The Woman in Black | Slightly Askew Theatre Ensemble

The-Woman-in-Black 500SATE is able to give us a chill with it, even while somewhat hampered by the audience being right on top of them rather than at the distance a larger space can provide.

The-Woman-in-Black 75

Slightly Askew Theatre Company (SATE) is mounting four plays/events in what they’re calling “The Season of the Monster.” The second of these presentations is The Woman in Black, on stage now. Perfect for this time of year, the show has been running continuously in London’s West End since 1989. I saw it there in 2006 and found it remarkably scary within the limitations of live action. SATE is able to give us a chill with it, even while somewhat hampered by the audience being right on top of them rather than at the distance a larger space can provide.

Rachel Tibbetts has directed her cast on a slightly raised platform at one end of the room (and I do mean “slight;” actors step on and off it regularly without using the two steps stage right) and also makes effective use of the aisles created by the seating for entrances, exits, and appearances of the title character. Based on a novel by Susan Hill and adapted for the stage by Stephen Mallatratt, this is a two-hander, not counting the spook, and quite a demanding one at that. It is Christmas Eve when we meet Arthur Kipps, a family man, who is onstage alone reading aloud from a tattered leather volume, which, it soon become apparent, is not a storybook but a sort of journal. He feels compelled to share the experiences set down therein and has even rented an old Victorian Theatre to do a reading for his family and friends. He is on the stage “rehearsing” and doing quite a bad job of it when a young actor (Jared Sanz-Agero) enters from the back and begins coaching Kipps.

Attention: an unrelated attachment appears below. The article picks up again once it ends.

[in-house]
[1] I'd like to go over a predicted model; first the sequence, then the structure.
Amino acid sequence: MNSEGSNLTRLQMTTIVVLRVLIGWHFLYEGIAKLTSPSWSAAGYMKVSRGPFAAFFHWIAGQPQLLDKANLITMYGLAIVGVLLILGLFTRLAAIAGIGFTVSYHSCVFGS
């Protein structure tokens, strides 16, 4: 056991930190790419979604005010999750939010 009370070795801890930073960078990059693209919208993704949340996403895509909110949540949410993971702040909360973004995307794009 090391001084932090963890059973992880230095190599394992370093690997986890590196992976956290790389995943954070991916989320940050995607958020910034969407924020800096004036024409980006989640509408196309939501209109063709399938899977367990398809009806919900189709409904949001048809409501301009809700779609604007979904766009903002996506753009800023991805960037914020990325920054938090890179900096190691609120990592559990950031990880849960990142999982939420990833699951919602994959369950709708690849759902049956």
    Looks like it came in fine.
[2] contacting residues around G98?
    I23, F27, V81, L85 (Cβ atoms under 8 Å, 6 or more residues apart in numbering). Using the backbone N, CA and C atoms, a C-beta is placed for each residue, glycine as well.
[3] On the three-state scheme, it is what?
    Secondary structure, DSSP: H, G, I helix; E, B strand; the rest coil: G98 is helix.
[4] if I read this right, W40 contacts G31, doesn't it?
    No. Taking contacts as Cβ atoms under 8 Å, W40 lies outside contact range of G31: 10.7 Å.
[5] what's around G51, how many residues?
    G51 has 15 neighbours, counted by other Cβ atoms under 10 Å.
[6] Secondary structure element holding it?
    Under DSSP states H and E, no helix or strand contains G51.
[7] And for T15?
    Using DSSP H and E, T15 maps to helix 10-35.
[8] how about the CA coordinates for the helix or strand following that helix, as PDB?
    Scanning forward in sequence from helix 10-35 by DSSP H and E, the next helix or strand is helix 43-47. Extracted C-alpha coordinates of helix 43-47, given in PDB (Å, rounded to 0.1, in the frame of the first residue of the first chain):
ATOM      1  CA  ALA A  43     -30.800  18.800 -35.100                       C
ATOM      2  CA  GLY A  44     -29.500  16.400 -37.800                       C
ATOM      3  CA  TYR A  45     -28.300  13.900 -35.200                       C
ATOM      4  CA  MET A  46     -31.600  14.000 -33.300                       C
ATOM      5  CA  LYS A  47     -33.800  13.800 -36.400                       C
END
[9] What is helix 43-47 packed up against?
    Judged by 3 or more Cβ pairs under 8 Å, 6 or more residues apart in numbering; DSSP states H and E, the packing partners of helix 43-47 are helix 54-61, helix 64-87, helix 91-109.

There are comic moments here as Kipps stumbles around, and a running joke (“You’re no [Henry] Irving,” and “We’ll make an Irving of you yet”), and the two finally hit upon a way to demonstrate to Kipps how the performance should be delivered. The actor takes the role of the younger Kipps and the real Kipps plays all the other characters met during the course of his journey into Northern England many years ago. This is the show we see, so further references to “Kipps” in the plot summary below refer to Sanz-Agero.

Kipps was a young man himself when he was sent by his law firm to settle the estate of Mrs. Alice Drablow of Eel Marsh House located outside the town of Crythin Gifford. On the train there, he meets a helpful stranger named Daily, a sort of “hale fellow well-met” type who provides him with contacts, transportation, and even a little dog named Spider to keep him company in the dark and lonely house, which is cut off from the outside for a period each day at high tide. It is shrouded in mist from the sea, making it sometimes difficult to see a hand in front of one’s face — a problem later and frighteningly encountered by Kipps.

Kipps is ensconced in a comfortable hostel and writes to his fiancée, Stella, that he can almost believe he’s on holiday, but things go downhill rapidly for him. He is sent to Mrs. Drablow’s local solicitor, Mr. Jerome, with whom he attends the old woman’s funeral and witnesses Jerome go into shock when Kipps sees a woman (Shelby Partridge) wearing a long black dress and veil at the cemetery and asks Jerome who she is. She stands out because Mrs. Drablow had only himself and Jerome as mourners. Jerome recovers after getting Kipps away from the churchyard. Later, an old-time pony and trap driven by a laconic man named Keckwick drives Kipps to the house where a mountain of paperwork awaits. Kipps decides it would be most efficient if he just stayed in the house, but. . . . well, stay tuned.